(Nature) – Geneticist George Church has pioneered methods for sequencing and altering genomes. He has been called a founding father of synthetic biology, and is probably the world’s leading authority on efforts to resurrect the extinct woolly mammoth. Now, a battle over who owns the patent rights to a revolutionary gene-editing technique could hinge, in part, on whether Church’s scientific skill could be considered ‘ordinary’. Such are the arcane and often bizarre issues the US Patent and Trademark Office (USPTO) must consider in the fight over CRISPR–Cas9 gene editing. But the proceedings, which could drag out for years, have taken an ugly turn from scientific minutiae to accusations of impropriety.
(Wired) – Even a year ago, the idea of autonomous cars roaming American streets seemed farfetched, and automakers were claiming to be focused on “stepping stone,” incremental technology. That has changed. Carmakers are deploying robots, and federal regulators in charge of how humans drive are finally catching up. Today, US Secretary of Transportation Anthony Foxx announced guidelines that define a new approach to regulating—and encouraging—self-driving cars.
(The Atlantic) – The United Nations said Tuesday it’s suspending humanitarian aid to Syria a day after an airstrike—carried out allegedly by Syria or Russia—struck an aid convoy headed to Aleppo. “As an immediate security measure, other convoy movements in Syria have been suspended for the time being, pending further assessment of the security situation,” Jens Laerke, a spokesman for the UNOCHA, the UN humanitarian office, said in Geneva.
(New York Times) – The American Academy of Pediatrics last month issued a new policy statement, with an accompanying technical report, analyzing the issue of informed consent by pediatric patients. It discusses the question of formal informed consent, but also the question of assent, suggesting that even a child as young as 7 can express an informed agreement with proposed medical treatment, and that if the child is properly informed and involved in the discussion, this can “foster the moral growth and development of autonomy in young patients.”
(BBC) – A surgeon who wants to carry out the first ever head transplant says the first one could take place as early as next year. Prof Sergio Canavero has told Newsbeat he’s got lots of volunteers from the UK who want it done. The procedure would see the patient using a donor body and having their head fitted to it. However gruesome it sounds, Prof Canevero is confident the technology is now in place to make it a reality.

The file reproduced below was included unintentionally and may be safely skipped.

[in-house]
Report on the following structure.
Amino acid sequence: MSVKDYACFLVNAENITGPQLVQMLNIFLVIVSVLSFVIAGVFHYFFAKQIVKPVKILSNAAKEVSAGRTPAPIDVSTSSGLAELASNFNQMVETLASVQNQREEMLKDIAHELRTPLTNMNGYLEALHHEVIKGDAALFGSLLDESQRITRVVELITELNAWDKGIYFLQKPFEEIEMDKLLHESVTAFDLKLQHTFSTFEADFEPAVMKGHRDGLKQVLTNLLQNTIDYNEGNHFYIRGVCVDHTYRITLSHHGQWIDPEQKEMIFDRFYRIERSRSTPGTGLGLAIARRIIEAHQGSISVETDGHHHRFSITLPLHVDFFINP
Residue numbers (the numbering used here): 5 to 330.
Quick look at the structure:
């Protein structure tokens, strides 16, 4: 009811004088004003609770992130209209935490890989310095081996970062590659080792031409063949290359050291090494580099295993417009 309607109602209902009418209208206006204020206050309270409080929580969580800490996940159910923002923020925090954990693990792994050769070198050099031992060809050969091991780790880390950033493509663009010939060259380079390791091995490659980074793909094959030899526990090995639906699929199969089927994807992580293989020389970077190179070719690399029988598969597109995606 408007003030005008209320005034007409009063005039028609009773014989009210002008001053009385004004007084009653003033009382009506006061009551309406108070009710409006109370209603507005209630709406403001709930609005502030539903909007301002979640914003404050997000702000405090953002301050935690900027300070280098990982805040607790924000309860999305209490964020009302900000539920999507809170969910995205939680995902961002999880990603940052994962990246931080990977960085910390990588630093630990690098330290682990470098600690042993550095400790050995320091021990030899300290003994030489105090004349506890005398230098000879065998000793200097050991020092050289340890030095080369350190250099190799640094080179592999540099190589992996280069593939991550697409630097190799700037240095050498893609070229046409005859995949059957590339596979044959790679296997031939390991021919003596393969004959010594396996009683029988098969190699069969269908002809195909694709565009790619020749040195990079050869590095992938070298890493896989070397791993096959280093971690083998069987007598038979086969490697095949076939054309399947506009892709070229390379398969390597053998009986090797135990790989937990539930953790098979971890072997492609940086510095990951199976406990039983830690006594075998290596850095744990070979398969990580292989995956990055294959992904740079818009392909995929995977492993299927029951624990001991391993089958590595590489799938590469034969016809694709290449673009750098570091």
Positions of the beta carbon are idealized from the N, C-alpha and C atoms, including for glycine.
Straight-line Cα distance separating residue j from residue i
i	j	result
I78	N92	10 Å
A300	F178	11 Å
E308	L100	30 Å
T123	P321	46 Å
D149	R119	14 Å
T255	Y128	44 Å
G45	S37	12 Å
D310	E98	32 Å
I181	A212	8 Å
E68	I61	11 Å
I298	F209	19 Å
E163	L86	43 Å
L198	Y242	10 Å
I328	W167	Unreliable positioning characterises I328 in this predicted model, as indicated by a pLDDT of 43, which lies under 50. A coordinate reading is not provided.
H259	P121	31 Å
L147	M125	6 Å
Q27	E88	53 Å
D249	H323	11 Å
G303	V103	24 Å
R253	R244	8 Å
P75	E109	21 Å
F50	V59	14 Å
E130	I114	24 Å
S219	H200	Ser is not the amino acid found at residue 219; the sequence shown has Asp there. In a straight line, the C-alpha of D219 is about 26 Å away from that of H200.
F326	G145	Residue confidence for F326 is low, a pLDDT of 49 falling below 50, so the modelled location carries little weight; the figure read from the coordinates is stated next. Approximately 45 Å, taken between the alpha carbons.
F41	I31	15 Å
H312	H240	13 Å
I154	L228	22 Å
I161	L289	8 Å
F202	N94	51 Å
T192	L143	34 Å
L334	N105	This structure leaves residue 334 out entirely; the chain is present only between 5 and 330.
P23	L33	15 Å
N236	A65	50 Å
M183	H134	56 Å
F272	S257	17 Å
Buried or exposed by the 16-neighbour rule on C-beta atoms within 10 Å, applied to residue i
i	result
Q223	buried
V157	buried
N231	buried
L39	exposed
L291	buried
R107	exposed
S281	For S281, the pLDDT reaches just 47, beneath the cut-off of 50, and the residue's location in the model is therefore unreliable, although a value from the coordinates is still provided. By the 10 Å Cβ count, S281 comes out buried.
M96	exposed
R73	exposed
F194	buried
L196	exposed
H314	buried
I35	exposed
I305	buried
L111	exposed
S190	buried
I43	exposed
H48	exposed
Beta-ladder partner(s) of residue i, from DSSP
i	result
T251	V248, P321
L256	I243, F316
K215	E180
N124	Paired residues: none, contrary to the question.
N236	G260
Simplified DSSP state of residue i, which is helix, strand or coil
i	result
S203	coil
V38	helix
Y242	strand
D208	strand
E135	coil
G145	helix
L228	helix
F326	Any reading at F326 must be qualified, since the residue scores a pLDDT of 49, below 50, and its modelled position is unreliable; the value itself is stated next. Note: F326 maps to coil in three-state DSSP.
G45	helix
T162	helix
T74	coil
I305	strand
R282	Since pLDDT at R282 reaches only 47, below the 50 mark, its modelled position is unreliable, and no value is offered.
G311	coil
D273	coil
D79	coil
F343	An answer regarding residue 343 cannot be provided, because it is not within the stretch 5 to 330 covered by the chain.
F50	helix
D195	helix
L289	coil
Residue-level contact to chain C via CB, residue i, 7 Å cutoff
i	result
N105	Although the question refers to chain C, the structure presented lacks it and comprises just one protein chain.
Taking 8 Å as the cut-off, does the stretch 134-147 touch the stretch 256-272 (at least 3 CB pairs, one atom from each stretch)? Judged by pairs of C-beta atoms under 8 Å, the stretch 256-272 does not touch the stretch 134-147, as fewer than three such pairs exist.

(ABC News) – The opioid crisis has led health officials to search for new and innovative ways to save lives, with many state officials focusing on giving more people, including first responders and community members, access to a life-saving opioid antidote called naloxone. Now, the U.S. Food and Drug Administration has announced a competition to give opioid users a way to get access to naloxone via their phone.
(MIT Technology Review) – The problem is that the traditional system for clinical trials isn’t equal to the urgency patients like Gary face. To get into a clinical trial for gene therapy, patients must meet specific criteria set by drug makers. Among other things, the patients must fall into a certain age group and must have had symptoms for a defined period of time. Gary was fortunate enough to petition for the rules of one trial to be changed so he could enter. But many other people aren’t so lucky.
(Wired) – Human chimeras are mixtures of human cells with rodent, pig, or other animal embryos. It is important to note that this research does not directly use human embryos or fetuses, instead relying on pluripotent stem cells, which can be taken from a person’s skin and genetically engineered to be pluripotent—meaning they can develop into nearly any cell type. Human chimeras have great potential to enhance our understanding of human development.
(Scientific American) – Among the most dangerous of these thoughtless actions executed by our species is wild misuse of antibiotics. On September 21, the United Nations General Assembly is convening a special session to look at ways to curb use of precious medicinal drugs that are swiftly being outwitted by drug-resistant bacteria, making everything from a scraped knee to a bout of pneumonia far more dangerous and difficult to treat. But that focus, important as it is, remains limited to human use of chemicals and concern about their misuse to our species’ health.
(Haaretz) – In the course of construction and reorganization of the branch of the Max Planck scientific institute in Munich, dozens of human brains and portions of brains from experiments conducted during World War II, including many apparently from Jewish victims, have been discovered, Israeli Army Radio reported on Wednesday.
(NPR) – Couples who can’t conceive a child look for all kinds of alternatives in order to become parents, including surrogacy, when you pay a woman to carry and give birth to your baby. India is preparing to ban this practice altogether. As NPR’s Julie McCarthy reports, that move could protect women who serve as surrogates from exploitation, but it could also take an economic toll.